Tag Archives: wind farm

Offshore wind costs hit record low in new Dutch Project

Two new massive 350MW arrays in the Netherlands will supply power to Dutch people at €87/MWh, which translates into under 10 cents/kWh.

Princess Amalia Wind Farm in the North Sea, photo by Ad Meskens

Dong Energy, a Danish company aims to supply electricity at €72.70/MWh (US$80.40), not including transmission costs. The cables will add about €14/MWh according to estimates. This really sets a new industry standard, because until now, the best price for wind energy was €103/MWh by Vattenfall in Denmark last year.

“It was a result that was well beyond anyone’s expectations,” said Oliver Joy, spokesperson for the European Wind Energy Association.

Dong will build 700MW worth of offshore turbines, taking advantage of relatively low steel prices. They also took advantage of low oil prices to get a bargain on installation vessels which would otherwise be used for drilling rigs. All in all, it seems like oil’s decline coincides with a great increase in renewable energy. In the Netherlands, household consumers can choose to buy renewable electricity. The country also imports renewable energy from Norway.

Of course, the Netherlands, like many Western and Northern European countries has very suitable conditions for wind energy. As a result, emissions from energy have dropped significantly, from 186 megatonnes in 2004 to just 156 ten years later.

Scotland to build giant, floating wind farm

The Scottish government announced that it approved the construction of UK’s first, and the world’s largest floating offshore wind farm.

Image via Scottish Government.

Norwegian energy firm Statoil has been granted a licence for the pilot scheme of six turbines which will have a generation capacity of 135GWh of electricity each year. Unlike land-based wind turbines, the Hywind turbines will be anchored in the seabed, transporting the electricity to the sea shore through buried cables.

“Hywind is a hugely exciting project, in terms of electricity generation and technology innovation, and it’s a real testament to our energy sector expertise and skilled workforce that Statoil chose Scotland for the world’s largest floating wind farm,” said John Swinney, deputy first minister.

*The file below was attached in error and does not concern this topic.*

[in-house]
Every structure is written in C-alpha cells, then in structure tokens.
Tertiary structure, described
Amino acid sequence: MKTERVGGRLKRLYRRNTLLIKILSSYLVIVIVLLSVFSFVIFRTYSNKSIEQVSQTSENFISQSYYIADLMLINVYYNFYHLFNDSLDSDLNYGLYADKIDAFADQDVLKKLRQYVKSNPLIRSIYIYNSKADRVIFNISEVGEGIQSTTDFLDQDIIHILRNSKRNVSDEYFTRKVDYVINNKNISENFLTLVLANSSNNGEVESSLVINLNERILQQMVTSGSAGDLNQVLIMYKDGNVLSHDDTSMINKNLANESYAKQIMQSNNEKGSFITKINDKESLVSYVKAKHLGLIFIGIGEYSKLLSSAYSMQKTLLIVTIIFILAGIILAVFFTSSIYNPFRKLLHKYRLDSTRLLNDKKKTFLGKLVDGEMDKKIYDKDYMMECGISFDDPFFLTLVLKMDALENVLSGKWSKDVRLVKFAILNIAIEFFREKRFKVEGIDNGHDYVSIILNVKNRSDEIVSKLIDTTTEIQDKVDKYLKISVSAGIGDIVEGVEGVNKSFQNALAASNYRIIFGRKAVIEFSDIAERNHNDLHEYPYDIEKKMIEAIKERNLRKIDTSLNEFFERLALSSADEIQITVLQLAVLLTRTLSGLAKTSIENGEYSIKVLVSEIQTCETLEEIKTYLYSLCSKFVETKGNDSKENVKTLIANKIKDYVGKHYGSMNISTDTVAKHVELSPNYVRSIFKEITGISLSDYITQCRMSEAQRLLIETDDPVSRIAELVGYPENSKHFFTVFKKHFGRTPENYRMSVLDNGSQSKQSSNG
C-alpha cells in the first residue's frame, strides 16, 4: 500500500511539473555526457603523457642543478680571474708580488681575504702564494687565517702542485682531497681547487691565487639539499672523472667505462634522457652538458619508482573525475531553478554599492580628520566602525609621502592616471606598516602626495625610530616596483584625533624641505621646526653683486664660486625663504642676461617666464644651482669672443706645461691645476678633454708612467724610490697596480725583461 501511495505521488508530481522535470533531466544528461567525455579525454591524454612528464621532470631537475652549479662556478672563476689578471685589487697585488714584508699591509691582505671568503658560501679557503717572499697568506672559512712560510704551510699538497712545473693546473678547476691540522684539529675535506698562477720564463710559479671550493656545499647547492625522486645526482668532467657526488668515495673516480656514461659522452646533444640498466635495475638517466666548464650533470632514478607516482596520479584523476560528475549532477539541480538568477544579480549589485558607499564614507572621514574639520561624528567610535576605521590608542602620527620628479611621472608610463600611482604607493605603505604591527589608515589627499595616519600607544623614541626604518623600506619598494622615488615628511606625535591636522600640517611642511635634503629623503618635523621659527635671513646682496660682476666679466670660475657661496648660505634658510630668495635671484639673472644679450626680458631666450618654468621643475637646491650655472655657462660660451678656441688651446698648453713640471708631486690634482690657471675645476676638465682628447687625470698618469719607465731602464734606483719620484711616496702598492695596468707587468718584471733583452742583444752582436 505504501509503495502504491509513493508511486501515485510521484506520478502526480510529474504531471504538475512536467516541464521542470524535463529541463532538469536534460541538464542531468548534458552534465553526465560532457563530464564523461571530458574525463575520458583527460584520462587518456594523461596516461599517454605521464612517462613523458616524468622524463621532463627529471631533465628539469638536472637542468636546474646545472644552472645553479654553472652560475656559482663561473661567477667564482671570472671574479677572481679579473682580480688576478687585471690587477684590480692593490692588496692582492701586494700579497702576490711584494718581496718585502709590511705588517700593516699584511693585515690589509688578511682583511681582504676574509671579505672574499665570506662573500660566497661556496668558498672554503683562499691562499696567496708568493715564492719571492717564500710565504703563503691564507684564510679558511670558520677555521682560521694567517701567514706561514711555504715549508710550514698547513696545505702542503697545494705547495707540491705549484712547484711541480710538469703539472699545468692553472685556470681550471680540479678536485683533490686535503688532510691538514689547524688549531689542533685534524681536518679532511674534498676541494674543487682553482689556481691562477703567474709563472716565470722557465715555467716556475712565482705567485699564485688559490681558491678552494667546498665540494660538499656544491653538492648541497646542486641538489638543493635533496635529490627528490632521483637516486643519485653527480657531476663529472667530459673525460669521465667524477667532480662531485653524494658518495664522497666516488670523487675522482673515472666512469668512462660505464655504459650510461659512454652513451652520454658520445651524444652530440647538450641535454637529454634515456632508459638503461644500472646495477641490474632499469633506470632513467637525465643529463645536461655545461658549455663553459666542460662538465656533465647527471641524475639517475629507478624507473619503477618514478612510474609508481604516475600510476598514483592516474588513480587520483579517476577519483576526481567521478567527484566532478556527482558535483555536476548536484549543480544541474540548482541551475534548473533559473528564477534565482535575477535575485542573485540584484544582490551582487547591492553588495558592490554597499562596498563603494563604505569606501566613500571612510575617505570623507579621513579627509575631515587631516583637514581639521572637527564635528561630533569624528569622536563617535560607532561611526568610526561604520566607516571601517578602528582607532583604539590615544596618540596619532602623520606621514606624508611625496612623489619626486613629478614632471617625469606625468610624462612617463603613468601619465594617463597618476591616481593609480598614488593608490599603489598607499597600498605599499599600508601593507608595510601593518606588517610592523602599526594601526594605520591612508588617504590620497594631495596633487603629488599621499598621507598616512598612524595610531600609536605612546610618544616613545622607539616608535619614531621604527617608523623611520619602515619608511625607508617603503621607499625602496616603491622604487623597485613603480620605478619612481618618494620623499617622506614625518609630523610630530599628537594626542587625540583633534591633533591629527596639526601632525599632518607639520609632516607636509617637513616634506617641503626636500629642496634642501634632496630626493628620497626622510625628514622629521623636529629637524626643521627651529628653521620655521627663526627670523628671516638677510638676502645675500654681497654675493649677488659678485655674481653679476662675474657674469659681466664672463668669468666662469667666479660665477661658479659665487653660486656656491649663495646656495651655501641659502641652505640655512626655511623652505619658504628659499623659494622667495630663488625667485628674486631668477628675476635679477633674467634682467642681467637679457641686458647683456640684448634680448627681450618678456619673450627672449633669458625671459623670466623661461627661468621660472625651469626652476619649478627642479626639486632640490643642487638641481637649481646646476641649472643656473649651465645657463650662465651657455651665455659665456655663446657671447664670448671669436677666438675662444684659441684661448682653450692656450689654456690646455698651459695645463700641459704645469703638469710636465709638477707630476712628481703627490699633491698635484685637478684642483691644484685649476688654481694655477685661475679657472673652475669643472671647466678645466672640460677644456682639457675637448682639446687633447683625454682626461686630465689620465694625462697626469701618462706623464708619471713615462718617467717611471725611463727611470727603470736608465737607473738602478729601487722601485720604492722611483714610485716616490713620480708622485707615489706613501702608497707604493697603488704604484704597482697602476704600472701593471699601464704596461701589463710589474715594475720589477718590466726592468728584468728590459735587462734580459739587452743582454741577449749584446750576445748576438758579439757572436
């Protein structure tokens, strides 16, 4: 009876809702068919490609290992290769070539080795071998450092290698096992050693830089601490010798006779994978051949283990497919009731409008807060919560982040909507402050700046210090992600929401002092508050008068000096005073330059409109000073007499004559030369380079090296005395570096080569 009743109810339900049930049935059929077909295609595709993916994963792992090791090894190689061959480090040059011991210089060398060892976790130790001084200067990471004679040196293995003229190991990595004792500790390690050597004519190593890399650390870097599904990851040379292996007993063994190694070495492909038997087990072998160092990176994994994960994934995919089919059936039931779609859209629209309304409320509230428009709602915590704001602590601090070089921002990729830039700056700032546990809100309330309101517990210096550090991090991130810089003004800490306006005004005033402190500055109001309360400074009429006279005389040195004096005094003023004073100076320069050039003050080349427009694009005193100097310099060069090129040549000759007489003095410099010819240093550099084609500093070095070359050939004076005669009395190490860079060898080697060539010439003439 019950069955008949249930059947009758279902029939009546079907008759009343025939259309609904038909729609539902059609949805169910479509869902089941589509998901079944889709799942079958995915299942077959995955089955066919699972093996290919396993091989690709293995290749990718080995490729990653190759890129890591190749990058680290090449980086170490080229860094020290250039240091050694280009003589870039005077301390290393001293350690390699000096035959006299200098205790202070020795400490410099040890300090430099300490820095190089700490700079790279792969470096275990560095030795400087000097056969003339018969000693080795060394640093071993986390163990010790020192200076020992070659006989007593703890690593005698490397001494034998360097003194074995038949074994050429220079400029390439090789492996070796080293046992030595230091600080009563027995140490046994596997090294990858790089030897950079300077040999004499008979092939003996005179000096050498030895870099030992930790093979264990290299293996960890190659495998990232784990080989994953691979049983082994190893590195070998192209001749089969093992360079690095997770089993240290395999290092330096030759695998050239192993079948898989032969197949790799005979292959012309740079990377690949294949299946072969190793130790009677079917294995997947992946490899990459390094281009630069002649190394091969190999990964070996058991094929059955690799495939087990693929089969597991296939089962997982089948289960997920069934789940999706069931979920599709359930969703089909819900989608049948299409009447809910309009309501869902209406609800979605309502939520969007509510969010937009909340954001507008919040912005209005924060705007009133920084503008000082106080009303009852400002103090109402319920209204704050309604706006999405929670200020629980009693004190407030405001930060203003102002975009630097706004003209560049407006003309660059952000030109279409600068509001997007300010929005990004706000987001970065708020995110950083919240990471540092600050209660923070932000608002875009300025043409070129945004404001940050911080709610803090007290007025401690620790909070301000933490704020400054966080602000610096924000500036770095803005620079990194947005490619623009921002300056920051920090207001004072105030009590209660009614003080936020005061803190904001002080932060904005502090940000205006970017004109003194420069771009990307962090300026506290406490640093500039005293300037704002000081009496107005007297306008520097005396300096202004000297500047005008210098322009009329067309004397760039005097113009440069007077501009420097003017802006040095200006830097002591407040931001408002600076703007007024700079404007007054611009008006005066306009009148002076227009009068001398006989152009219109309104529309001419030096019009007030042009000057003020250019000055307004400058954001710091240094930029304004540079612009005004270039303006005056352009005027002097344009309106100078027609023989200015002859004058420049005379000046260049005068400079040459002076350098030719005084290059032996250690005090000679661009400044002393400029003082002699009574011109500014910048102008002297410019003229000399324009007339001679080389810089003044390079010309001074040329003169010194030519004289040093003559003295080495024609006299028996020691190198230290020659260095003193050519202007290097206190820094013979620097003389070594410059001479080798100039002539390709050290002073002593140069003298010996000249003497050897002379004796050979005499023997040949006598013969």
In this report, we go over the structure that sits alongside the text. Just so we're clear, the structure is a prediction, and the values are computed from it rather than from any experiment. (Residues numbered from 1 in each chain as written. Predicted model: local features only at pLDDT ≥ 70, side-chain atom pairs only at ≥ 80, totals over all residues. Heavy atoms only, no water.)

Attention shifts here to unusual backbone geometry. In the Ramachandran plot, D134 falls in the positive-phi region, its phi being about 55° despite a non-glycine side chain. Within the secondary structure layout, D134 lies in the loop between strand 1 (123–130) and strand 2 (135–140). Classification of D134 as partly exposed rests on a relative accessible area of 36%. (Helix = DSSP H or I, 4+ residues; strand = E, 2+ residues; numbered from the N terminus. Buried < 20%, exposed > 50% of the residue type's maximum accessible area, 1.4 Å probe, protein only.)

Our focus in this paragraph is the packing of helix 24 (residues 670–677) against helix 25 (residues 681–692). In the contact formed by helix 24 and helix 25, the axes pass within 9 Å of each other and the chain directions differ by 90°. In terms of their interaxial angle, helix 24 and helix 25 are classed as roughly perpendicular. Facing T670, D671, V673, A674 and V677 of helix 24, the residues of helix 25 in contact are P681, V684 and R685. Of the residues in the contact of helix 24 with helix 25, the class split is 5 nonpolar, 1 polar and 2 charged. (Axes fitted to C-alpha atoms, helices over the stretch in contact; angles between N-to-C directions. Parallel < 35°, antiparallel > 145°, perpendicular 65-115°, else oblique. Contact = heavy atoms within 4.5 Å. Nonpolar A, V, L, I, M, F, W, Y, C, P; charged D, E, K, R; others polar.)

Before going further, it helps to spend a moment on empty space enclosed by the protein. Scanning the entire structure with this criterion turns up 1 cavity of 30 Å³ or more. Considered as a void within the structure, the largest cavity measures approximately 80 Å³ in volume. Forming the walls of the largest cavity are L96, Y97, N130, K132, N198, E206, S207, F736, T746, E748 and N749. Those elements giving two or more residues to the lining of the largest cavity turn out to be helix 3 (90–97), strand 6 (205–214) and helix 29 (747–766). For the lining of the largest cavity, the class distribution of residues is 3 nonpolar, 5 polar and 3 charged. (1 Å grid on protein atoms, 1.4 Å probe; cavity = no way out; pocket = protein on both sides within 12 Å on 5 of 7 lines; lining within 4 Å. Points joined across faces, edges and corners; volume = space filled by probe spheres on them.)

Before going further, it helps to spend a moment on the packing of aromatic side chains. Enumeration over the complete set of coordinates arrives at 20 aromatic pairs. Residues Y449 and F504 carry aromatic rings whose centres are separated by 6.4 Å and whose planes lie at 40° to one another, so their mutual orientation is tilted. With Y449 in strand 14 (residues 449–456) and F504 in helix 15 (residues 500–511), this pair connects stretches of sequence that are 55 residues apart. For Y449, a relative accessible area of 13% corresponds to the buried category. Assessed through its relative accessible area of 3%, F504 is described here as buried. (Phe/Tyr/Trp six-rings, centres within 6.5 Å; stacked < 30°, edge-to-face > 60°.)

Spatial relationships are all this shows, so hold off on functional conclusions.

This is quite exciting news, especially in the lead-up to the Paris climate summit, which attempts to establish binding agreements for countries in matters related to climate change.

“Floating wind represents a new, significant and increasingly competitive renewable energy source,“ said Irene Rummelhoff, Statoil’s executive vice president for New Energy Solutions. ”Statoil’s objective with developing this pilot park is to demonstrate a commercial, utility-scale floating wind solution, to further increase the global market potential. We are proud to develop this unique project in Scotland, in a region that has optimal wind conditions, a strong supply chain within oil and gas and supportive public policies.”

The world is well on its way of achieving 25% of its electricity from renewable sources by 2020, not in the least thanks to innovative developments in wind energy such as this one.

Rhode Island goes for offshore energy

In the ever developing struggle for alternative energy, Rhode Island made a significant step towards achieving their goal of fifteen percent offshore energy when they awarded Deepwater Wind the right to build a wind farm that will cost more than 1 billion dollars. This will also give the state more green jobs, as well as make it the new leader for clean power in the US.

Rhode Island Gov. Donald Carcieri says that this will create about 800 jobs that will make about $60 million of annual salary. It is a well known fact that the US gets a really small fraction of their total energy from wind farms (1/100), but many believe that 20 years from now this figure will be significant (30/100) and other alternative sources will appear too.

Along with conservation, wind power could be the key to the problem of America’s low carbon future as a country. Rhode Island is among the states that have a strong portfolio set for 2020, when estimates are that they will get a quarter from their energy from renewable sources.

The federal law makers have resisted the same portfolio set for the whole nation, and the future is still uncertain, as John McCain speaks a lot about offshore wind farms, but his speeches are mostly rhetorical, doing hardly and real estimates. Obama has shown a viable plan to get about a quarter of energy from renewable sources.w